Our resident movie reviewer/critic Dan Nicholls has put together a list of his personal favourite scary films to help put you in the mood for halloween next week! What’s Halloween without throwing on a couple classic horror flicks? Let’s run through the list:
- Rosemary’s Baby (1968)
A slow burn satanic thriller anchored by a breakthrough Mia Farrow, Rosemary’s Baby still digs into deep, timely maternal fears. It’s unsettling and disturbing, plus it’s got one of the greatest, weirdest, most haunting final scenes in history. From hell to Manhattan, its evils endure.
- Ernest Scared Stupid (1991)
This should be required viewing for kids everywhere for one simple reason: it will scare the shit out of them. Youths today gotta get hardened up sometime, may as well be served with a cold glass of malk from Ernest P. Worrell (R.I.P. Jim Varney). Horrifyingly grotesque-looking trolls turn children into wooden dolls and it’s straight-up terrifying when you’re five years old. It arguably scarred me for life.
- The Wicker Man (1973)
One odd little UK horror-mystery that unfolds with equal parts fascination and repulsion. It all adds up to a startlingly petrifying finale featuring the purest eyes of terror in Edward Woodward’s police sergeant when he comes face-to-face with the titular entity. Not to be confused with the hammy remake starring Nicolas Cage, though the best bits from that bomb are a hoot on YouTube.
- The Blair Witch Project (1999)
It’s been a punchline for so long now that it’s easy to forget The Blair Witch Project was once so revolutionary that people actually thought it was real. Most people who remember it now are probably going to skip this one on the list but I seriously urge a revisit; there are images from this film that remain as scary now as ever.
- Caché (2005) and Mulholland Drive (2001)
A double hitter of art film drama with deep psychological trauma underneath the surface. They both feature singular moments so terrifying I’ve literally had nightmares about them. If you’re sick of the schlock and the cheese, these highbrow offerings will leave a mark.
- The Witch (2015)
A colonial New England family stakes a camp on the edge of some fucked-up woods. The Witch starts at ‘scary’ and ratchets it up to ‘nightmare-inducing’ real fast. The movie makes no bones about it from the get-go: witches are real and they will eat your babies. Its scares are only outdone by its artistry and a goat named Black Phillip.
- Friday the 13th (2009)
I’m gonna counter the popular opinion that this remake is trash because I think it gives us Jason distilled into everything fans want from one of these movies. We get lots of gnarly kills, gratuitous nudity, and gallows humor bursting at the seams. It’s blasphemy for some but it’s a pure shot of giddy Halloween horror mayhem for me. It does its job with more success than most of the many forgettable horror remakes of the past ten years.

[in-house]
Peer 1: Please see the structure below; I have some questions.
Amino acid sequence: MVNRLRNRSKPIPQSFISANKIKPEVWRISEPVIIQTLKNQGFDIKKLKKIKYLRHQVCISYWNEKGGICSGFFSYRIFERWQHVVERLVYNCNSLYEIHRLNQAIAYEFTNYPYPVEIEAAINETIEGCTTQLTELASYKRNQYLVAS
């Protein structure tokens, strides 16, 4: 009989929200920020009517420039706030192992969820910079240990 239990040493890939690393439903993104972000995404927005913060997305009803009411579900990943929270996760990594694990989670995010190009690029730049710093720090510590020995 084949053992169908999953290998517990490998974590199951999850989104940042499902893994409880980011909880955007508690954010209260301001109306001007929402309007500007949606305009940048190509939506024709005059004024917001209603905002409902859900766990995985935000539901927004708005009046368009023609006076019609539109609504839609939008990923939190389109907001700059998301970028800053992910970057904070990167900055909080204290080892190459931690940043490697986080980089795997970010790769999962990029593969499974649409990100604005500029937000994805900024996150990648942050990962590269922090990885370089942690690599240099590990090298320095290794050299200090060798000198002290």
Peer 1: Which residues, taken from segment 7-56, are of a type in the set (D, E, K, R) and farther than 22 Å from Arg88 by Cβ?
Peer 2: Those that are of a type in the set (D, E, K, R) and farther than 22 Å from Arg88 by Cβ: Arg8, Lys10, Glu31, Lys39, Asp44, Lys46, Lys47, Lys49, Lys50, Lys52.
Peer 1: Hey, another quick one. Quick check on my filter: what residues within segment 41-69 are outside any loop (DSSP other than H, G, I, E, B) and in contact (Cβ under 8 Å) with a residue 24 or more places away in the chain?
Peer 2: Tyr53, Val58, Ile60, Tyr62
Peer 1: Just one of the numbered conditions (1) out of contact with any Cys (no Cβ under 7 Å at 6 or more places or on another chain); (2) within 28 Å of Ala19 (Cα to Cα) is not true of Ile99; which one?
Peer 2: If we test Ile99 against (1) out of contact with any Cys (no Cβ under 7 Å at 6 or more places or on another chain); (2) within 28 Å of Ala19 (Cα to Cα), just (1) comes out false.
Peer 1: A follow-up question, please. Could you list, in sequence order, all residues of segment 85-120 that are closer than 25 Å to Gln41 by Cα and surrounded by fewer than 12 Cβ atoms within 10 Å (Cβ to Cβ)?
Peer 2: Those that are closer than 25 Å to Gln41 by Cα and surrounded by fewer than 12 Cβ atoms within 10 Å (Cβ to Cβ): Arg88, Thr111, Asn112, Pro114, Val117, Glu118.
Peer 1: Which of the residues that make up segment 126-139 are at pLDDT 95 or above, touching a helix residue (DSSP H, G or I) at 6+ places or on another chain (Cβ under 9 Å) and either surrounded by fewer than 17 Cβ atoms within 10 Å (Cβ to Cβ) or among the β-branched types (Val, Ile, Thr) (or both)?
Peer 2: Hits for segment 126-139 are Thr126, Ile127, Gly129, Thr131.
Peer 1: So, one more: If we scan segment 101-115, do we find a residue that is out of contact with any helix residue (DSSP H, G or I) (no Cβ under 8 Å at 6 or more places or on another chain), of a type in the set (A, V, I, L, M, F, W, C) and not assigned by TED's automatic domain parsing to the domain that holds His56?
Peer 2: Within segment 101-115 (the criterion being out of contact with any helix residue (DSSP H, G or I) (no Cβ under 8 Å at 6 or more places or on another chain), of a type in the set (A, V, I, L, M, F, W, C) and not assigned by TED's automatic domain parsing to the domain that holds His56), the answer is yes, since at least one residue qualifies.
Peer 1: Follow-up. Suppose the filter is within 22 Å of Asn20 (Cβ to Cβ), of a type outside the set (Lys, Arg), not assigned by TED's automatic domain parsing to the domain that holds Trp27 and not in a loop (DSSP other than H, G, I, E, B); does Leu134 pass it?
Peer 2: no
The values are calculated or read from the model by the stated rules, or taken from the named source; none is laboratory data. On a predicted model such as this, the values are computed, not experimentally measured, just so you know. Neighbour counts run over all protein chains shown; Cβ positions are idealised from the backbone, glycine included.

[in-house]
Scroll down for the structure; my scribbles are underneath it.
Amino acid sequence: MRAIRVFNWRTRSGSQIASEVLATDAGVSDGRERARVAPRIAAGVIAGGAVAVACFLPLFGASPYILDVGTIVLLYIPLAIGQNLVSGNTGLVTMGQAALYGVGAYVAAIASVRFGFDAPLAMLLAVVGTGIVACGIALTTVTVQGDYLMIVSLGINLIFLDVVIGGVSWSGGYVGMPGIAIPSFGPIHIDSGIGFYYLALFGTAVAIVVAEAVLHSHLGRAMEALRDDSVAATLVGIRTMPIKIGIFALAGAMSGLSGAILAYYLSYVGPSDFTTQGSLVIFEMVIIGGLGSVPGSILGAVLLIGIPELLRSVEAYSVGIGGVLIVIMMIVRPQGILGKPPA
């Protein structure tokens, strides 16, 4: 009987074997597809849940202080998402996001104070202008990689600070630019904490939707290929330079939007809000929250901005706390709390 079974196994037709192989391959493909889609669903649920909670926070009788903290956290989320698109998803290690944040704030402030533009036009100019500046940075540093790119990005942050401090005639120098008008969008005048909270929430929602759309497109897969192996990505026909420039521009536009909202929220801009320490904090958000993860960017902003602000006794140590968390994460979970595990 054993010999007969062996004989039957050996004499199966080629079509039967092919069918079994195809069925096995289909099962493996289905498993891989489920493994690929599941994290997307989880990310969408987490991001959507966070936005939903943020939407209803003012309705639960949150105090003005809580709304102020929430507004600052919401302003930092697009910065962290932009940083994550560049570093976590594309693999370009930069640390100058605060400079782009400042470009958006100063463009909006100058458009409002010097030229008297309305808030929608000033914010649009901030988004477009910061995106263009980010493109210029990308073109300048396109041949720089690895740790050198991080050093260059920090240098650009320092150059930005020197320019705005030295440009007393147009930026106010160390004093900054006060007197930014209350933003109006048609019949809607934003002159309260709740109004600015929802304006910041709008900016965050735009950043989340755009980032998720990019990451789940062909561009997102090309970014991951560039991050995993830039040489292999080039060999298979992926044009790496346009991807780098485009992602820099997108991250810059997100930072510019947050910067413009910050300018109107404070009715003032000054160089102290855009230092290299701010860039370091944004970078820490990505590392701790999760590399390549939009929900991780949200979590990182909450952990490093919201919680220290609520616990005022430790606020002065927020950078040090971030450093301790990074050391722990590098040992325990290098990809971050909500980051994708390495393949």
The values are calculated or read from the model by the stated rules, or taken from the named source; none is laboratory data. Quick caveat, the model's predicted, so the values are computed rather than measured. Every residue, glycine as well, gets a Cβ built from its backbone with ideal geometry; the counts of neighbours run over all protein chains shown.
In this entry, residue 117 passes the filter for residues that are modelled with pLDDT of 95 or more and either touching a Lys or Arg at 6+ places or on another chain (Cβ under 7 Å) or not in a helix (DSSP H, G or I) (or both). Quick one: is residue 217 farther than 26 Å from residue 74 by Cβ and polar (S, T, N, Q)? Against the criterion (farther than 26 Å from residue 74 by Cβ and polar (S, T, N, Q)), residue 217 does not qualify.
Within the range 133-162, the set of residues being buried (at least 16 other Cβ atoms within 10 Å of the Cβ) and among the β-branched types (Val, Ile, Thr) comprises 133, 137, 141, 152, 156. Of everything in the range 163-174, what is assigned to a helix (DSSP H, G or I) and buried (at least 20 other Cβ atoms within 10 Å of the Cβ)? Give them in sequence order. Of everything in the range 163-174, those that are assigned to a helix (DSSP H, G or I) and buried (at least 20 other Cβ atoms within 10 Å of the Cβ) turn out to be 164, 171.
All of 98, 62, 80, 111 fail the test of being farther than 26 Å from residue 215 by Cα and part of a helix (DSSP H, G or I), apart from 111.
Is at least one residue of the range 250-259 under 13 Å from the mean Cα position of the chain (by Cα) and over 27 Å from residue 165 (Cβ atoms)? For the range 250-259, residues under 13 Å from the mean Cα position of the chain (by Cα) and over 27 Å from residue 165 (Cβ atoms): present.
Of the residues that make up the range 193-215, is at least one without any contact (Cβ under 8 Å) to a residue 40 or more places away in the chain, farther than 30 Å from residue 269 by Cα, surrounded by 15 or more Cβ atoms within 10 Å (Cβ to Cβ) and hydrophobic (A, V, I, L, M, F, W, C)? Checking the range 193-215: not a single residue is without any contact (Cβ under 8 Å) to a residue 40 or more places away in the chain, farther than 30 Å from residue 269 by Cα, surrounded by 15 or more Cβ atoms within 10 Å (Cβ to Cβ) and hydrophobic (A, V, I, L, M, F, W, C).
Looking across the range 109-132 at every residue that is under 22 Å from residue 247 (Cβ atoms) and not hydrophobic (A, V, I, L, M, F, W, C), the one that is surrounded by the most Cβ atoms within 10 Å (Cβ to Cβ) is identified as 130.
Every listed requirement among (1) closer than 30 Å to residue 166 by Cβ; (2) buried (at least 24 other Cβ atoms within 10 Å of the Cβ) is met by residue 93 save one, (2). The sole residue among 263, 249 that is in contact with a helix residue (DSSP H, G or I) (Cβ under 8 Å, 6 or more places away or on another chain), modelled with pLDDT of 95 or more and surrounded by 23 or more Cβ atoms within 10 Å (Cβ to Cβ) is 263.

- Trick ‘r Treat (2007)
An anthology flick that weaves tales of werewolves, neighborhood murderers, and an alien pumpkin-headed being named Sam. Clever, hilarious, and one hell of a fun ride. Like the best chapters in The Simpsons “Treehouse of Horror” episodes, each scenario will alternate between being your favorite with each return viewing (bonus – it’s only 82 minutes long).
- The Shining (1980)
Unlike a lot of people, I didn’t like The Shining the first time I saw it. Repeat viewings, however, are what really made the movie’s harrowing themes and domestic nightmares seep into my pores. It’s my hope that even if you’ve seen it before, watching the film again might allow it to creep up on you in a way you might not expect. Each time I go back to it there’s something new to scare me, to stick with me and gnaw at my mind in the dark. It’s horrifying and definitive within the genre – another genuine masterpiece in the oeuvre of Stanley Kubrick and arguably the best Stephen King adaptation ever.
- The Exorcist (1973)
You can’t argue against the classic that’s been hailed as the reigning “scariest movie of all time” by pretty much everyone who’s written about movies ever. There’s a reason why it endures – the performances, filmmaking craft, and demonic imagery have never felt as real as they are here. The Exorcist is guaranteed to scare anyone anywhere of varying degrees of horror tolerance. It’s the undeniable Halloween movie marathon champ.
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